I’ve been fascinated by travel ever since I was sent to Holland by the US Air Force some 40 years ago. Seeing other countries gave me an appreciation of the fascinating locations that can be found around the world. In an attempt to share this passion with others, I was fortunate enough to find employment as an Archers Tour Director some 15 years ago.
When I am not sharing the Western USA with my Archers guests, I try combine my own travel with time to play a little golf, do a bit of fly fishing for trout and salmon, and take landscape and travel photographs. I’ve played the Old Course at St Andrews, caught brown trout in Alaska and New Zealand, and shot photos from Yellowstone and the Grand Canyon to the Scottish Highlands and the wilds of the Galapagos Islands.
Carry less than you think you’ll need, but don’t forget the user’s manual for that new digital camera you bought for the holiday! When you get home after your holiday, make a list of all the things you brought and didn’t use or need, as well as the things you didn’t bring and wish you had. Then, next time refer to the list while your do your packing.
The Native Southwest and Rocky Mountains tour takes in some of the most well-known features of the American Southwest such as the grandeur of the Grand Canyon and the historic ambiance of 400-year-old Santa Fe. It also includes Taos Pueblo, White Sands and Tombstone – places that many people have heard of but that are not on the usual tour itineraries.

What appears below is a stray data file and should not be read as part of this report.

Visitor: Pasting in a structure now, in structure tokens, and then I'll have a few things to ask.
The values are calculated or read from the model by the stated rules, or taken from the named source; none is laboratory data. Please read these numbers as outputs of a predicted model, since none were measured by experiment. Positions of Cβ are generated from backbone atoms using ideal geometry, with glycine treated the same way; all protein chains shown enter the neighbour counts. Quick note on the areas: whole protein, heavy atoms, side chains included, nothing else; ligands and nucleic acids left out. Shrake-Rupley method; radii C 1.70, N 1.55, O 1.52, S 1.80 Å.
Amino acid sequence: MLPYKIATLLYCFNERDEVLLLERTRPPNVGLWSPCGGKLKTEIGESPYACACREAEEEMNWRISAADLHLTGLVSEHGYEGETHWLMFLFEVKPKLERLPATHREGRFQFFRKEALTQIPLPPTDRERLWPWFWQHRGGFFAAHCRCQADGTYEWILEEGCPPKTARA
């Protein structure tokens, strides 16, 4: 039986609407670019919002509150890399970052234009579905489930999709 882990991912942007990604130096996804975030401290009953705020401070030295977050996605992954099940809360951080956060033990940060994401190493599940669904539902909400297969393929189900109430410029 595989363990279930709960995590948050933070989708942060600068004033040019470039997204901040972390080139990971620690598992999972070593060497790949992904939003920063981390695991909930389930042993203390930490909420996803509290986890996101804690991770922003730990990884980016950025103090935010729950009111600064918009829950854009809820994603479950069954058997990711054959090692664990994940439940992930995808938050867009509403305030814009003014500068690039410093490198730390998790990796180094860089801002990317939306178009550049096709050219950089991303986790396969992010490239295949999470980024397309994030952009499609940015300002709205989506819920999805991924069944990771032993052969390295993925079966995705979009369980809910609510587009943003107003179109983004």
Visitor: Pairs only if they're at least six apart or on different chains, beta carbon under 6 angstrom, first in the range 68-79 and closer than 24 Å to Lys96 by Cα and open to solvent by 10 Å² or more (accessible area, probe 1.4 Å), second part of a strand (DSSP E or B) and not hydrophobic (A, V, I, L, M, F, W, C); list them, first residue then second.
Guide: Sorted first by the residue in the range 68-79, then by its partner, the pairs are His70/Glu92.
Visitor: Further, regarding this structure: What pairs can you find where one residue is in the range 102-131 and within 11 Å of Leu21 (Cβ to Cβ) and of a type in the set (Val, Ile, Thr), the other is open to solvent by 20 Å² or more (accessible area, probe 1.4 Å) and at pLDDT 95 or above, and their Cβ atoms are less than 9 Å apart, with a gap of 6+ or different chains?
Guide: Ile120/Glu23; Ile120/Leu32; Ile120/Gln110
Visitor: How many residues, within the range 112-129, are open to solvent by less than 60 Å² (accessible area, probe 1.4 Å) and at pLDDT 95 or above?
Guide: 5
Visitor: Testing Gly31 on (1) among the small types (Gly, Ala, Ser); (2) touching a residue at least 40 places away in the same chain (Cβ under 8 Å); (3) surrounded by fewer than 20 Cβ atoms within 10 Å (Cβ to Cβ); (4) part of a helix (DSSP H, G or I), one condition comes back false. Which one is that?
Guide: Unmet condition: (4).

We left Page Arizona this morning, headed for Utah and Bryce Canyon National Park. The day was clear, but cold and windy. We spotted several small bands of pronghorn antelope – wild, small, graceful and fast animals that can run at 50 miles an hour in short bursts.
After driving through the Grand Staircase – Escalante National Monument we made a short stop at Kanab at a gift shop where Butch Cassidy’s saddle is on display.
We arrived at Bryce Canyon at lunchtime, and then went into the park for our first glimpse of the strange spires and hoodoos that make up the park’s scenic wonders. From Bryce Point we could clearly see Navajo Mountain, 82 miles away.
We ended the day with a walk “from sunset to sunrise”! Sunset Point to Sunrise Point, which is – watching the ever-changing shapes of the hoodoos from along the canyon rim.
Tomorrow, we travel to Zion National Park, where we will view the 1500-foot cliffs from the valley floor.
We arrived in Los Angeles this afternoon after following historic Route 66 for the last two weeks. We started in Chicago, went to St Louis, Oklahoma City, Amarillo, Albuquerque, and Flagstaff on our way to Los Angeles. WE took detours to Branson, the Grand Canyon and Las Vegas.
The highlight of the trip for many guests was meeting Angel Delgadillo "The Angel of Route 66" in the barbershop he has run in the little town of Seligman, Arizona, since 1951.
Angel is almost single-handedly responsible for keeping the memory of Route 66 alive after the highway was de-commissioned in 1984.